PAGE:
Motor Delays in Infants and Children

When your child has periodic check-ups at the pediatrician's office, a developmental checklist is often used to determine if your child is achieving motor milestones at the typical age for most children. If a child is delayed in reaching these milestones, such as rolling, sitting independently, crawling, or walking, he or she may be referred to a pediatric physical therapist for evaluation and intervention. In many states, families can bring their children directly to a physical therapist without physician referral for these services.

Human motor development is not a set, invariable process. Although average age of attainment can be found with data from large numbers of children, there can be a wide variety of causes for motor delay. Pediatric physical therapists evaluate movement and limitations to movement which may include neurological, muscular, or skeletal impairments. Limited opportunities for practice of movement can also cause delayed development.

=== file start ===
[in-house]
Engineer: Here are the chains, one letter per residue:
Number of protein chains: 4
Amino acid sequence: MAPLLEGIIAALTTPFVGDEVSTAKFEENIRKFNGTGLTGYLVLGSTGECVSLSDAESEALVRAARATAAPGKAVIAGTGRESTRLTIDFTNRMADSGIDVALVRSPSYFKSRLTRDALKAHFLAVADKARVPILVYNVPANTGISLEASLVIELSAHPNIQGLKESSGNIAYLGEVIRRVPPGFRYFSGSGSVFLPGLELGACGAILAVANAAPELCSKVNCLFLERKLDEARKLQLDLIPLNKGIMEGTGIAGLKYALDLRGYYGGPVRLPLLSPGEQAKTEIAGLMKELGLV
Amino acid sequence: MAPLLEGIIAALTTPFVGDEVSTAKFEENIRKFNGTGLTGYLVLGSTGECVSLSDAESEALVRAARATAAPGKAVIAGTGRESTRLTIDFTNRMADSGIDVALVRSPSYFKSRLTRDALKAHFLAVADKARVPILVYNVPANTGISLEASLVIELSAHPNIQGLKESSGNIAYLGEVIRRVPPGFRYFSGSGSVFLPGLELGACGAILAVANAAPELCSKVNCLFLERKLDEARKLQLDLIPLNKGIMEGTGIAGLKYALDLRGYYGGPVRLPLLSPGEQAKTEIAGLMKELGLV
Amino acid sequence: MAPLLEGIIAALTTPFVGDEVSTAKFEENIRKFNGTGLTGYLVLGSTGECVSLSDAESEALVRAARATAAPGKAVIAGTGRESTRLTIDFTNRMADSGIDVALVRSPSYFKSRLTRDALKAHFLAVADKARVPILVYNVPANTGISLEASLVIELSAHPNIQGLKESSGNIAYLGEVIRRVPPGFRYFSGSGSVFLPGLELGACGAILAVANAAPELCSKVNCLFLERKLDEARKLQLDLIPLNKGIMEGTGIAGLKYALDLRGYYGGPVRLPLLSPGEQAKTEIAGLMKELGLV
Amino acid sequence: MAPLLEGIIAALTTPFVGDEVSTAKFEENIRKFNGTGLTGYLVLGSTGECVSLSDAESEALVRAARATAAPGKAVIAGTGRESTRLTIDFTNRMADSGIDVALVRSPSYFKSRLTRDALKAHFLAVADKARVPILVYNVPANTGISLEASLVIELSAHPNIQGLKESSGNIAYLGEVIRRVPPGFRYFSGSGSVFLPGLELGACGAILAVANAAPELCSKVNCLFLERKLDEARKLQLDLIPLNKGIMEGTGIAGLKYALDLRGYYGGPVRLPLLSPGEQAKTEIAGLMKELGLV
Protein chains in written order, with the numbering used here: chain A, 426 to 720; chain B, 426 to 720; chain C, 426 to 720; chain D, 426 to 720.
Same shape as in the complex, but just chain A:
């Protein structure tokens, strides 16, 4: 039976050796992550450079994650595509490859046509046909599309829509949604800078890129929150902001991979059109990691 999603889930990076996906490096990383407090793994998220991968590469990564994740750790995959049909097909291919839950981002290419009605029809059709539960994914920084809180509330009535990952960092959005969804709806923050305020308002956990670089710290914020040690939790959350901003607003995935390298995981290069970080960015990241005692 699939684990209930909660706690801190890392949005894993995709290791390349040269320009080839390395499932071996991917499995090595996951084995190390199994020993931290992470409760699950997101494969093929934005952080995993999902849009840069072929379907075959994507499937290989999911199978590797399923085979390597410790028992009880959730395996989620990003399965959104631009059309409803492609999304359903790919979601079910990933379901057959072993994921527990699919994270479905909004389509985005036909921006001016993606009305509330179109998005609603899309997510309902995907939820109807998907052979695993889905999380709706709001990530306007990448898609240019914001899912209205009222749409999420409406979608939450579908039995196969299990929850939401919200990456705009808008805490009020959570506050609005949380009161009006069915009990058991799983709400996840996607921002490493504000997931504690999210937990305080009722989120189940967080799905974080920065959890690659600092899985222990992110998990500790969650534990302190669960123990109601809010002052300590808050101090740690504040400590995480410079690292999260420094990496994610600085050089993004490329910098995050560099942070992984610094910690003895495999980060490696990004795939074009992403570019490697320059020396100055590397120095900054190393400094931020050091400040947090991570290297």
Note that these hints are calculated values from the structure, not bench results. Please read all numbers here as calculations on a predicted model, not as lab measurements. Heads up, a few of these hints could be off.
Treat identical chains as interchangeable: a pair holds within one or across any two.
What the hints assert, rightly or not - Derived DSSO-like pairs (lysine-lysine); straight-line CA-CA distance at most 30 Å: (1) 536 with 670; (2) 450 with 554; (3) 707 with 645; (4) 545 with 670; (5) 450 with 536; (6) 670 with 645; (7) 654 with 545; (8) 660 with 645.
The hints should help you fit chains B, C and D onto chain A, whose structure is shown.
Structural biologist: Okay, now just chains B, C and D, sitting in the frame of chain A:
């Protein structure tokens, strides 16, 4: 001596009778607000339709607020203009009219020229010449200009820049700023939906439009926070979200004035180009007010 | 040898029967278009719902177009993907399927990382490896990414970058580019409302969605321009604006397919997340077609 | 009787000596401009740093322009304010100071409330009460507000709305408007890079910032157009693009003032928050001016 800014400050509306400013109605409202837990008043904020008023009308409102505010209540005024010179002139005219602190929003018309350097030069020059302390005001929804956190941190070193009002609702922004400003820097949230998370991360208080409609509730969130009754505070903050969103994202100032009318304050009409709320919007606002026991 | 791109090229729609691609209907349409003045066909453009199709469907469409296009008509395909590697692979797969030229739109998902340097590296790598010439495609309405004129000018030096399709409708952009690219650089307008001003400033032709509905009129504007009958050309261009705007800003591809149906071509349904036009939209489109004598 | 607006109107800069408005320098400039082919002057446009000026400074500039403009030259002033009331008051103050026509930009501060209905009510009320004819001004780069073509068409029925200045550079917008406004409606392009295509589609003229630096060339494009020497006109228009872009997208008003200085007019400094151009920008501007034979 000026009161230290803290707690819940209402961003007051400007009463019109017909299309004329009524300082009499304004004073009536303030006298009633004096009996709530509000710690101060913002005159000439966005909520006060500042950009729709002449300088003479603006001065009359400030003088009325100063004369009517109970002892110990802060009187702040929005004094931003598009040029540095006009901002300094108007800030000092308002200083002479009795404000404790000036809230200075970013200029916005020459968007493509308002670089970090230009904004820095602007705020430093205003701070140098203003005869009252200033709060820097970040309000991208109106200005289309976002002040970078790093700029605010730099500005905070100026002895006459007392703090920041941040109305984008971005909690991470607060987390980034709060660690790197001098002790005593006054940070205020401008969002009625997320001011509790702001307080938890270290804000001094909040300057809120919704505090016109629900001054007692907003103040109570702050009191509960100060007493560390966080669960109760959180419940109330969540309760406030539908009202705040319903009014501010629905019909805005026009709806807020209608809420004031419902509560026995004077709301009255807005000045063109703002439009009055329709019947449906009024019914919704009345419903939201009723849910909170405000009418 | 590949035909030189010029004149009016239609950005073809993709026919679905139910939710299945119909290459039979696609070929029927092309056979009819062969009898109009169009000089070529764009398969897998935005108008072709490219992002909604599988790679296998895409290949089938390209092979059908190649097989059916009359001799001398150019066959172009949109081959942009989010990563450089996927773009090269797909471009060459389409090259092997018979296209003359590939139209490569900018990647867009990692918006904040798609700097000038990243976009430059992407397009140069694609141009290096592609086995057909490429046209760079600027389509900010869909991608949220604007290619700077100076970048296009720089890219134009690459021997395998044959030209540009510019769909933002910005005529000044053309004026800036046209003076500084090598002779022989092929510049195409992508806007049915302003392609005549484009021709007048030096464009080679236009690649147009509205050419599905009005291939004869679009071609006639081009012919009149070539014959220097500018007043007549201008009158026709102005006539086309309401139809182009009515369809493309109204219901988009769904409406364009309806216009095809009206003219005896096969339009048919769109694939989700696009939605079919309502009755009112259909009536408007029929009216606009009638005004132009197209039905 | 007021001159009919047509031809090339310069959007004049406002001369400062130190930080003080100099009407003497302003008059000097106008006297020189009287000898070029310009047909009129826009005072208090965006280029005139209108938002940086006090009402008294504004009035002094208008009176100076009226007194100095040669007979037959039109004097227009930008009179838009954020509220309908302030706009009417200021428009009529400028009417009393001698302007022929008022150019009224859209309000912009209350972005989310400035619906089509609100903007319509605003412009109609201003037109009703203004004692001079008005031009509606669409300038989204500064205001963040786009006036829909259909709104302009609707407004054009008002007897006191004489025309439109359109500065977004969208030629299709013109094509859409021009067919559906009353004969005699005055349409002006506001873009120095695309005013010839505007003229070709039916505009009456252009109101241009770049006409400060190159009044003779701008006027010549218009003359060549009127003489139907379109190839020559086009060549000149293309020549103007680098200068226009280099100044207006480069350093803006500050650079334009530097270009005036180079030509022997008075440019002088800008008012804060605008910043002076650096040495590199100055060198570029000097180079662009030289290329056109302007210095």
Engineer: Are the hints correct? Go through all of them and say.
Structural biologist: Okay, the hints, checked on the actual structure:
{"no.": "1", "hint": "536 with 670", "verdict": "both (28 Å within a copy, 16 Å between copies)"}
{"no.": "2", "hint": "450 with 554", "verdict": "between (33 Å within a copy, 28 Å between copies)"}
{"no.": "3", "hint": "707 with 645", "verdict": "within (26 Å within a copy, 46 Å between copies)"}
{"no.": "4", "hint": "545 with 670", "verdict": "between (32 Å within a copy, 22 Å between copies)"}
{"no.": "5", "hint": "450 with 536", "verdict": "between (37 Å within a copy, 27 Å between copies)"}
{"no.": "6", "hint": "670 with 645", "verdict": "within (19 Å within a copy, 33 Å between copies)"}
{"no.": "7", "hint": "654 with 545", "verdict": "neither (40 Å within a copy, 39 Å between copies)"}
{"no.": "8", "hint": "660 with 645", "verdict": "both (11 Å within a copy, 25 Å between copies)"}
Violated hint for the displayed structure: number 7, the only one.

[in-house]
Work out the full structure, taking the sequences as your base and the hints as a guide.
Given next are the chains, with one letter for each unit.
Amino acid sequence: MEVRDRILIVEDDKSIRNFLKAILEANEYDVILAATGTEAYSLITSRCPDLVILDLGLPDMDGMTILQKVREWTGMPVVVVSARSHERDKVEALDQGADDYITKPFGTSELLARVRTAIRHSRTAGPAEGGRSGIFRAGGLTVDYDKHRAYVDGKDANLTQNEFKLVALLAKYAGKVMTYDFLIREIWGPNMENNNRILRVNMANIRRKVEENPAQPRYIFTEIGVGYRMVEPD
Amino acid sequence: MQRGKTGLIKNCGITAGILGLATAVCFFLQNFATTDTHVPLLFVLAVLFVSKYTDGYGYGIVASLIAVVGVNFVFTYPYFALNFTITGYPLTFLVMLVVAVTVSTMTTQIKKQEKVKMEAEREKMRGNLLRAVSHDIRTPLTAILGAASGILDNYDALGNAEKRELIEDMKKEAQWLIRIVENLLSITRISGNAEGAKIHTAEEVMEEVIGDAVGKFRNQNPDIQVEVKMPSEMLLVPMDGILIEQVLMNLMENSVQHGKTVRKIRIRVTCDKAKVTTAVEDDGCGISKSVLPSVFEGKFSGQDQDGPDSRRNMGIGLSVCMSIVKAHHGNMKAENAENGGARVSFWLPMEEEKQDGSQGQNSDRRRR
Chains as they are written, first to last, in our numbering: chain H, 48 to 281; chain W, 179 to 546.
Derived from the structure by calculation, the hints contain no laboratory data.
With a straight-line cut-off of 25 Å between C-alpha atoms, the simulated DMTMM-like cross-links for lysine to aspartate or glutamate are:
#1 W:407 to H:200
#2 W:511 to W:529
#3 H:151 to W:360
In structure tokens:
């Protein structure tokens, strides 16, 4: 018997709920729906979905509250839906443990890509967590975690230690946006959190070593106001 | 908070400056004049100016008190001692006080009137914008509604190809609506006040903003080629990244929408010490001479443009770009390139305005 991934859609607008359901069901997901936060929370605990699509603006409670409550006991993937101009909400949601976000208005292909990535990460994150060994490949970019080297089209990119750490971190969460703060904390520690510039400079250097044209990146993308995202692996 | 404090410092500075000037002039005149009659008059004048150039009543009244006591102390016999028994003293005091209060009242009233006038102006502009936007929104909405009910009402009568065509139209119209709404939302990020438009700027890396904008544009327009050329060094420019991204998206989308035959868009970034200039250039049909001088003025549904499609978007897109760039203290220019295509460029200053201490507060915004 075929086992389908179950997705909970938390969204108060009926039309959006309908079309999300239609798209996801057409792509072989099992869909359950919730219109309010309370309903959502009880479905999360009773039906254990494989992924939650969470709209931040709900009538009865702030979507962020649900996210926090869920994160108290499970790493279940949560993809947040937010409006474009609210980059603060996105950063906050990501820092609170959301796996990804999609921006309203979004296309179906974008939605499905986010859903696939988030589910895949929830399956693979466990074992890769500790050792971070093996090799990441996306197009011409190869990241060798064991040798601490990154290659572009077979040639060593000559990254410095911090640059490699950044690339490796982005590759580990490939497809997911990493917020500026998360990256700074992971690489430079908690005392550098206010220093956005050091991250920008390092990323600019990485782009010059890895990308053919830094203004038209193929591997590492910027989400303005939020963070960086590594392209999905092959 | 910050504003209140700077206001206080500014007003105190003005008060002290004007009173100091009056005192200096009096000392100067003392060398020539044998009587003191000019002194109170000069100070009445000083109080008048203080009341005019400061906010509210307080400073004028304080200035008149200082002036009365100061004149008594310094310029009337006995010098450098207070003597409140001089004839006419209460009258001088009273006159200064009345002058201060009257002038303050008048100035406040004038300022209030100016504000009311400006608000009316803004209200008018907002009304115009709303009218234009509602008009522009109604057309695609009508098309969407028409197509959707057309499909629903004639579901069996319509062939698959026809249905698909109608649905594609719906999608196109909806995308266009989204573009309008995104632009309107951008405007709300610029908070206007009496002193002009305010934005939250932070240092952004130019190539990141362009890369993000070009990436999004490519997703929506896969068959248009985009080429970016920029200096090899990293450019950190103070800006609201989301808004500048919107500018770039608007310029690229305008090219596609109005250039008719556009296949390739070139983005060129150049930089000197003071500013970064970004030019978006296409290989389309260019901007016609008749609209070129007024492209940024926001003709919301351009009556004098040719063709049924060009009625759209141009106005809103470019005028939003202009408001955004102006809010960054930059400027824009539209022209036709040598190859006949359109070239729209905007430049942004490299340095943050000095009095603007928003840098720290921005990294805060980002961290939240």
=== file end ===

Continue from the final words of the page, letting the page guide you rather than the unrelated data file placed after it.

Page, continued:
A therapeutic plan of care which may include optimal positioning, functional training, therapeutic activities, balance and coordination training, muscle strengthening, toy selection and adaptation, play strategies, family instruction, and environmental design is initiated. Goals of therapy are for maximal participation in a child's natural routines with age-similar peers, efficient mobility, successful efforts to play and learn, and reducing the impact of health impairments on physical activity.